After standing by their man for years, a growing number of Africans are pushing Zimbabwean President Robert Mugabe to change his ways.
The shift in attitude, if it lasts, could mark a new period in Zimbabwe's ongoing crisis - one that tilts the situation toward resolution, thus removing a big blot on Africa's global reputation and helping free Zimbabweans from authoritarianism, soaring inflation, increasing poverty, and hunger.
• Zimbabwe has asked regional powerhouse South Africa for a loan of up to $1 billion for fuel, food, and other scarce essentials, and to help prevent it from losing backing from international lenders. South Africa is reportedly considering the loan, but with significant conditions that would require Zimbabwe to embark on economic and political reforms. The tougher response is seen as a small but significant shift away from South Africa's "quiet diplomacy" approach to its northern neighbor.
• A new United Nations report, written by an African, blasts Mr. Mugabe's Operation Restore Order, which Mugabe says was designed to clean up urban areas but opposition parties say was simply strong-arm politics. The UN calls the recent demolition of thousands of homes and shops a "disastrous venture" that has left 700,000 homeless.
• Prominent voices are speaking out. Nobel Peace Prize winner Wangari Maathai of Kenya said last week of Mugabe: "This is only about power - and using what issues you think will keep yourself in power."
Such developments signal a shift in Africans' view of Mugabe, says Chris Maroleng of the Institute for Security Studies in Pretoria, South Africa. No more is there a continental debate over "the nature of the crisis" - about whether Mugabe is a hero who freed his nation from white colonial rule or the prime example of bad governance in Africa. Rather, he says, "We are beginning to actually address the crisis itself - to figure out a way forward." That, he adds, "is the most heartening thing about the period we're in."
The African view of the issue is crucial, observers say. Africans - not outside powers - are most likely to be the ones who defuse the Zimbabwe time-bomb.
Mr. Mbeki is one of the issue's biggest players. In recent years, his back-room diplomacy has apparently done little to move the octogenarian Mugabe to reverse course. But the loan is a new opportunity to influence the man who has led Zimbabwe since independence in 1980 and who, in 2000, initiated mass seizure of white farms, which began the economic decline of what had been the breadbasket of Southern Africa. Zimbabwe now risks being expelled from the International Monetary Fund because of its delinquency on nearly $300 million in loans.
Now Mbeki can use the loan "as a lever to force Mugabe to engage in negotiations" with the opposition Movement for Democratic Change, says Mr. Maroleng.
One reason Mbeki may want to attach conditions: Zimbabwe's precipitous decline is impeding Mbeki's efforts to clean up Africa's image through things like the New Partnership for Africa's Development and its focus on good governance. South Africa's conditions may be why Mugabe was expected to ask Chinese President Hu Jintao for a similarly large loan on his current trip to Beijing.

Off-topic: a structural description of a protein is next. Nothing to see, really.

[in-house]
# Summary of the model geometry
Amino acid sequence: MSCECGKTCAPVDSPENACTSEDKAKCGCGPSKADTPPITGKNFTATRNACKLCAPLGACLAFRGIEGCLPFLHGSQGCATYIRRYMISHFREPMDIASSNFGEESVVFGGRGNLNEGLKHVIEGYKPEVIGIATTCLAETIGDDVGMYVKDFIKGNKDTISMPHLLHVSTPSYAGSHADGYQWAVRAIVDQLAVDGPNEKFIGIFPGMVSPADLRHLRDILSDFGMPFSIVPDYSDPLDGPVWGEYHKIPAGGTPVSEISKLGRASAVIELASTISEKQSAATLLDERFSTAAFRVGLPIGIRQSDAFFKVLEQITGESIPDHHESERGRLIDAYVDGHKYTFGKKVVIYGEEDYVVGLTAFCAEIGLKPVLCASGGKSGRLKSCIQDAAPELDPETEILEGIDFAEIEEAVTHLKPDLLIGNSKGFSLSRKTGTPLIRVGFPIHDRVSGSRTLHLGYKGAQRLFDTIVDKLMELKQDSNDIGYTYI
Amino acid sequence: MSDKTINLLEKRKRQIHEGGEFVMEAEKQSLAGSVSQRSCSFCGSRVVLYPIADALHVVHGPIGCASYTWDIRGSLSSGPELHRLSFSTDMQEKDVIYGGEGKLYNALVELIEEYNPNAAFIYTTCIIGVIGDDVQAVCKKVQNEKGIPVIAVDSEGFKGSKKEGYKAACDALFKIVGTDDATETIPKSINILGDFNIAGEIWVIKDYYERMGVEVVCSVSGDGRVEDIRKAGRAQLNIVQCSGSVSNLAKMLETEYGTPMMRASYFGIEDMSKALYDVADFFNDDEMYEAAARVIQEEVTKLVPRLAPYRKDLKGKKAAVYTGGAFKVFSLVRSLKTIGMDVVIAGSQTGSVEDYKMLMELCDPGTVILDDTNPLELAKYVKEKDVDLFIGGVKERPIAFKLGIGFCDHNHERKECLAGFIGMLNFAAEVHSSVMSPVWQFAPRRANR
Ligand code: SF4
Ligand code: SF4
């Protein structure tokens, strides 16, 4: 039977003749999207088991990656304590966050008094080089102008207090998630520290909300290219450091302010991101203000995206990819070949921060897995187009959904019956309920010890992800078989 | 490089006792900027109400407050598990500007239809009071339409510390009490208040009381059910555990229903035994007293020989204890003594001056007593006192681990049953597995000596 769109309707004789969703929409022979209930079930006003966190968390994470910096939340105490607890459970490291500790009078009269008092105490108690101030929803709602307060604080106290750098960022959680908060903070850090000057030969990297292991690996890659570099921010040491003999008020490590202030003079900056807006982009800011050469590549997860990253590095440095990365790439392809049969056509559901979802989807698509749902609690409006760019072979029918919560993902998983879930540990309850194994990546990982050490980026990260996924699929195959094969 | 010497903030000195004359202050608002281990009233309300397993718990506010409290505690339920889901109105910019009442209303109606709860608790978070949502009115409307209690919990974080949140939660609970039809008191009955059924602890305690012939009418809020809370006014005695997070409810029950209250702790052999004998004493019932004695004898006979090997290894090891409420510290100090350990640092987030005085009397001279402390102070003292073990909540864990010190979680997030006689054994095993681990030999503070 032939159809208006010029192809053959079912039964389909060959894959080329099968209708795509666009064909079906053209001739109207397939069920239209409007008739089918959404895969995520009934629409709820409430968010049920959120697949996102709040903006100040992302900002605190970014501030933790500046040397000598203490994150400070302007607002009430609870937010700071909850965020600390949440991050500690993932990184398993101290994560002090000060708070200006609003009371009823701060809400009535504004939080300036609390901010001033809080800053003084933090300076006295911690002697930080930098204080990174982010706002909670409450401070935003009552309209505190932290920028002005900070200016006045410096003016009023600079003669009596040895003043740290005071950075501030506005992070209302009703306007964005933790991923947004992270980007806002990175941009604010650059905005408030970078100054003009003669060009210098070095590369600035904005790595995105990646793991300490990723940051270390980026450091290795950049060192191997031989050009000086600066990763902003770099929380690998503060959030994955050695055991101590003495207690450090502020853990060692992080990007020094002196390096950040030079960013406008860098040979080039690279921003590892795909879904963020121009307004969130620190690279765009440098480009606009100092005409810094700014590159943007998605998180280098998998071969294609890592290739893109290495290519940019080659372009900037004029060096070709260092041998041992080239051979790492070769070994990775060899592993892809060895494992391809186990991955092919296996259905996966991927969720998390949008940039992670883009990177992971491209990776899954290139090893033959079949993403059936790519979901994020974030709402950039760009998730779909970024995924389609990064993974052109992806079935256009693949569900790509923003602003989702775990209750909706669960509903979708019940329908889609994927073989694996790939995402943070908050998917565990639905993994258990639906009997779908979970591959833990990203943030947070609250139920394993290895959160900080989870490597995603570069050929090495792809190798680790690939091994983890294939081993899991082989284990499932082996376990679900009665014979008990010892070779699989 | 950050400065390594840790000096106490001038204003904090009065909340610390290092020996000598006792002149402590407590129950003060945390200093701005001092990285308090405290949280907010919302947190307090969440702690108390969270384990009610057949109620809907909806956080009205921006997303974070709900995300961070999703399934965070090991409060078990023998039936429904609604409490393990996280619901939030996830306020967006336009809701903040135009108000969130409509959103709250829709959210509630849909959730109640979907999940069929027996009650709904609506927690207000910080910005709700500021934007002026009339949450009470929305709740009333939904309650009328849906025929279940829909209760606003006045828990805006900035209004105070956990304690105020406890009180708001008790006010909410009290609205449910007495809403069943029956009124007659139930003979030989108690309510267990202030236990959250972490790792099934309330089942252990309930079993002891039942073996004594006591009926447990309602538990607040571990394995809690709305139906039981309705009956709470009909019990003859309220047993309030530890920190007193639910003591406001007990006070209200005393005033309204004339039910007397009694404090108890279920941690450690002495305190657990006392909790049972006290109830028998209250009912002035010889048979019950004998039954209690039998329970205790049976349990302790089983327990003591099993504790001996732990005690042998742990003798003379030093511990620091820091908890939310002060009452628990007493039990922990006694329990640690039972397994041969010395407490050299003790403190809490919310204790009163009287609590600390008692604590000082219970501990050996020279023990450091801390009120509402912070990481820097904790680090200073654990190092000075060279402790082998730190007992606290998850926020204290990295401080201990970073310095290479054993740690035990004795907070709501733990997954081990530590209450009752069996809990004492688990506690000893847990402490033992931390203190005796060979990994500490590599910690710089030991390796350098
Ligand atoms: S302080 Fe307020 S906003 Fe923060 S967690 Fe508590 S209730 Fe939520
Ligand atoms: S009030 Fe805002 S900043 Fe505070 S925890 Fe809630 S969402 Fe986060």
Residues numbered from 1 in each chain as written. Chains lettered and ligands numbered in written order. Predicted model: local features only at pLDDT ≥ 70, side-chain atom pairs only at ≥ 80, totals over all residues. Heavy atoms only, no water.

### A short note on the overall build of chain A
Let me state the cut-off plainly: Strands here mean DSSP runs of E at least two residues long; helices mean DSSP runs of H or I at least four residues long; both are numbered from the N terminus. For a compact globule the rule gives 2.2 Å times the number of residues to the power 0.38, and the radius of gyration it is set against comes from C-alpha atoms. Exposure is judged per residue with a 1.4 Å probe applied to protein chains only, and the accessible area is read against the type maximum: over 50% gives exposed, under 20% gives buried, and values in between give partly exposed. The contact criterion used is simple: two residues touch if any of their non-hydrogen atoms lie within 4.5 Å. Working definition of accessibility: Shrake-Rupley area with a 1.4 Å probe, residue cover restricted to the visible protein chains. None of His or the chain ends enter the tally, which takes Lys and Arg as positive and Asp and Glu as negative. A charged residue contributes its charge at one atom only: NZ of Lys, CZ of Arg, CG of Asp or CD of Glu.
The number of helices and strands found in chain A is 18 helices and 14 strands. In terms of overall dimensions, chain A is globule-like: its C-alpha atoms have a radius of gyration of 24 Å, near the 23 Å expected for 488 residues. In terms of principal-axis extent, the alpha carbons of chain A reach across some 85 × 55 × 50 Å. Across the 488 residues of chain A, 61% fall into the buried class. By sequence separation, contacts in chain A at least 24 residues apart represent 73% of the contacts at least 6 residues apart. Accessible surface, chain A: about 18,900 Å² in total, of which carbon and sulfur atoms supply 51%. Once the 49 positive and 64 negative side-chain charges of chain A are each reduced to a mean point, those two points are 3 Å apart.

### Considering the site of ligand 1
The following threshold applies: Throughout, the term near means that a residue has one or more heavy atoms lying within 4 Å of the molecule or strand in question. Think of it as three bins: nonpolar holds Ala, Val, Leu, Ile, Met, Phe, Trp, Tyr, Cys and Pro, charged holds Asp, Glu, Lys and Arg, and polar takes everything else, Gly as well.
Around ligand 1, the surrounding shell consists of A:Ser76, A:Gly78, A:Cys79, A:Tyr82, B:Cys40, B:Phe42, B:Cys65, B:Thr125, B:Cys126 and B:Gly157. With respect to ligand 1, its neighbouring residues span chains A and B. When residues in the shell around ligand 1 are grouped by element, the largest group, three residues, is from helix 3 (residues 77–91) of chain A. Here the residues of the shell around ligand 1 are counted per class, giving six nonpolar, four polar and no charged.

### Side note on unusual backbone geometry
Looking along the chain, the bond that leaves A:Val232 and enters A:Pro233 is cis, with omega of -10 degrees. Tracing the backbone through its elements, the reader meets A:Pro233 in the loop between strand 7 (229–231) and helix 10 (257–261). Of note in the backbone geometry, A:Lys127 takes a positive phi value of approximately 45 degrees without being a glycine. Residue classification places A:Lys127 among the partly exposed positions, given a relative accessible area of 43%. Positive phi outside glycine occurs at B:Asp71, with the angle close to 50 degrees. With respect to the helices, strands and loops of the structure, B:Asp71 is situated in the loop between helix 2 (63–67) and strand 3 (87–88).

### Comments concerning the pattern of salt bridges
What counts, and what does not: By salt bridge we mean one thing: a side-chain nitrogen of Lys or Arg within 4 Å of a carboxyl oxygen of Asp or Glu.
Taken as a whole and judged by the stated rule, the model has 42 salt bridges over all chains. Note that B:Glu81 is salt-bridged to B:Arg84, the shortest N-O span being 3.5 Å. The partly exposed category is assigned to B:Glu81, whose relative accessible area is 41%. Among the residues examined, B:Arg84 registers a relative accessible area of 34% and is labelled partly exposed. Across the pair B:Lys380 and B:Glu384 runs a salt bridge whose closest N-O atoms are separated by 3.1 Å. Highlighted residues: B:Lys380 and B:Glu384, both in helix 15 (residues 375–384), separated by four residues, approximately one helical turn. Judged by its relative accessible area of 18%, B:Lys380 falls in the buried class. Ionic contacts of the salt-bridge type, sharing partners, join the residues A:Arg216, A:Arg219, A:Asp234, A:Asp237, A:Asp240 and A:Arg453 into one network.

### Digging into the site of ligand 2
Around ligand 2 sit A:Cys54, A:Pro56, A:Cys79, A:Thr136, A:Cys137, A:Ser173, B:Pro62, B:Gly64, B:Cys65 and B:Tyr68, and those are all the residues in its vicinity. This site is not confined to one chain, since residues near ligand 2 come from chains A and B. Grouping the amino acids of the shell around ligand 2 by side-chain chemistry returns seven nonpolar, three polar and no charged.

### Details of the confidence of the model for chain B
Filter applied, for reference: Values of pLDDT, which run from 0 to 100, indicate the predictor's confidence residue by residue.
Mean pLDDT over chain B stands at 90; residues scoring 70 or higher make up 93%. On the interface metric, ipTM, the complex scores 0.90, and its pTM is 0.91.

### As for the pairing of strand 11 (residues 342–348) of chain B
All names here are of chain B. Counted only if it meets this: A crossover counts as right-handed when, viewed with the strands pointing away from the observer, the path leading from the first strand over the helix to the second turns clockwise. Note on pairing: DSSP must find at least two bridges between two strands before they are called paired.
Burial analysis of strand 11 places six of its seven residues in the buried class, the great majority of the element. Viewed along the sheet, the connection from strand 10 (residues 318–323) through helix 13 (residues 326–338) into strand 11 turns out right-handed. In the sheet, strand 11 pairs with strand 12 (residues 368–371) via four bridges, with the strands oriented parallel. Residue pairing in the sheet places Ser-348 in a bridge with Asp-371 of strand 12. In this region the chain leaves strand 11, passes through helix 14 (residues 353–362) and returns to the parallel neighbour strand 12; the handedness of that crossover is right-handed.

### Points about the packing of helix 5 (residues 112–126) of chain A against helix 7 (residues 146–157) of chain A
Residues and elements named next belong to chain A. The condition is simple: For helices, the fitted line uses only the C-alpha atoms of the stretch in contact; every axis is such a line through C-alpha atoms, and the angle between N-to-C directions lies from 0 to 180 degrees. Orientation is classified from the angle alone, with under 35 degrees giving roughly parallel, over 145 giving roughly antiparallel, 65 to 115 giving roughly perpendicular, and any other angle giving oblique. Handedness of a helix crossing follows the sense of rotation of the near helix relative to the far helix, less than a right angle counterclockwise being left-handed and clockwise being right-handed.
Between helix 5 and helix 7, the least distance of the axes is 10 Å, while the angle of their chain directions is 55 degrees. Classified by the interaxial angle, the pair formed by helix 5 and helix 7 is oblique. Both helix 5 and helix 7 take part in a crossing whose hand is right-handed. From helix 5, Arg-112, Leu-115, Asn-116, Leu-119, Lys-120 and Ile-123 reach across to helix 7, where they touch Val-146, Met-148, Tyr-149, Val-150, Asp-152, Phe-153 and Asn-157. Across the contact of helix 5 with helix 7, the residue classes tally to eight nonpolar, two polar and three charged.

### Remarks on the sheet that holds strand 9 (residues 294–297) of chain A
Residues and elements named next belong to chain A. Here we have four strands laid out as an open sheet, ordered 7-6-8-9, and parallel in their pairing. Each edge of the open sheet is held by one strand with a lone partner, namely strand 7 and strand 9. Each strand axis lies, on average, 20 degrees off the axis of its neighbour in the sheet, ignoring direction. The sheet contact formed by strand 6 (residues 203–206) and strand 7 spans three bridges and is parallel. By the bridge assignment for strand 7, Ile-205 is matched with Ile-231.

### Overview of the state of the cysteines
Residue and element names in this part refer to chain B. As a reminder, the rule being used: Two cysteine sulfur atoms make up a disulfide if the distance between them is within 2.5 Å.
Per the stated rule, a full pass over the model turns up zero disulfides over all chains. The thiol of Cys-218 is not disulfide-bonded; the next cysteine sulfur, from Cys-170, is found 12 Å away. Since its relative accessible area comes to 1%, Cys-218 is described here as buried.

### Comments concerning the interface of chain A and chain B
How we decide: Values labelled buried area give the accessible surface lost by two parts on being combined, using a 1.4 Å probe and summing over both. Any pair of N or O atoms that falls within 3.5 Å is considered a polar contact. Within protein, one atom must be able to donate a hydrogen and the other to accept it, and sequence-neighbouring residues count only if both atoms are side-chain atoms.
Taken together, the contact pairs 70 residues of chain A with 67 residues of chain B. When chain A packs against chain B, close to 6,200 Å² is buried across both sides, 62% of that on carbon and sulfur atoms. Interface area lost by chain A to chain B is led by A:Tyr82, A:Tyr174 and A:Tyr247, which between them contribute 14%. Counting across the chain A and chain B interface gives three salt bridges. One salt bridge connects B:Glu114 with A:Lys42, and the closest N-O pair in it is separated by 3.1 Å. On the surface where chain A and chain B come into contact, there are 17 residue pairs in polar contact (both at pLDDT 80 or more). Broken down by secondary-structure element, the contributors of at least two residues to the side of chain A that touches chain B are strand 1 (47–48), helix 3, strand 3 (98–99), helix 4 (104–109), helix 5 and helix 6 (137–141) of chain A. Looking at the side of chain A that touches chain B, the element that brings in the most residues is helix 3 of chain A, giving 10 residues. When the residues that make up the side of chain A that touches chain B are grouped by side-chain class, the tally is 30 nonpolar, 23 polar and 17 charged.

The UN report, released last week, was authored by Anna Tibaijuka, the head of the world body's Habitat agency, who is from Tanzania. The fact that it comes from an African - and was endorsed by Secretary-General Kofi Annan, who is from Ghana - may give it added weight on the continent.
Without naming names, the report says Zimbabwean officials broke international law in carrying out the operation. It urges prosecution of the "architects of the operation," which "caused large sections of [the] population serious suffering" and virtually "wiped out" the country's informal economy, which accounted for 40 percent of the nation's economic activity.
Zimbabwe's foreign minister, Simbarashe Mumbengegwi, retorted that it's "definitely false" that the government broke laws, further complaining about the report's "vastly judgmental language, which clearly demonstrates its inbuilt bias against the operation."
While criticism of Mugabe may be growing among Africans, it's still relatively tame. In dealing with such issues, there's an inherent caution that emanates from the African cultural imperative to maintain dignity and unity among all members of a community - somewhat similar to the Asian desire to "save face."
"The one bad thing [Mbeki] could do is to close the doors" to dialogue and cooperation with Mugabe, Ms. Maathai said at a meeting with foreign reporters last week, in a statement that jibes with the African ethos.
There's no doubt Mugabe is still seen as a revolutionary hero who ejected a brutal white colonial regime. Unlike most African leaders, he has also aggressively tackled the race-charged issue of land reform and continued white dominance over his economy.
But he may have gone too far. Besides the troubles caused by Operation Restore Order, unemployment now hovers at about 70 percent. Inflation hit 164 percent in June, one of the highest rates in the world. The UN says 4 million of the country's 12 million people are verging on starvation. Fuel is so scarce that few cars reportedly ply the streets of Harare, the normally bustling capital. Even Air Zimbabwe, the national airline, recently had to cancel many flights because of lack of fuel.
• Wire services were used in this report.
• Zimbabwe must immediately halt any further demolitions of homes and informal businesses.
• The government must develop humanitarian efforts for the poor that provides security for "income-generating activities in a regulated and enabling environment."
• It must hold those accountable who carried out the destruction.
• It must pay compensation to those whose property was unlawfully destroyed.
• The International community should immediately mobilize with reconstruction efforts to help avert further suffering.
Source: United Nations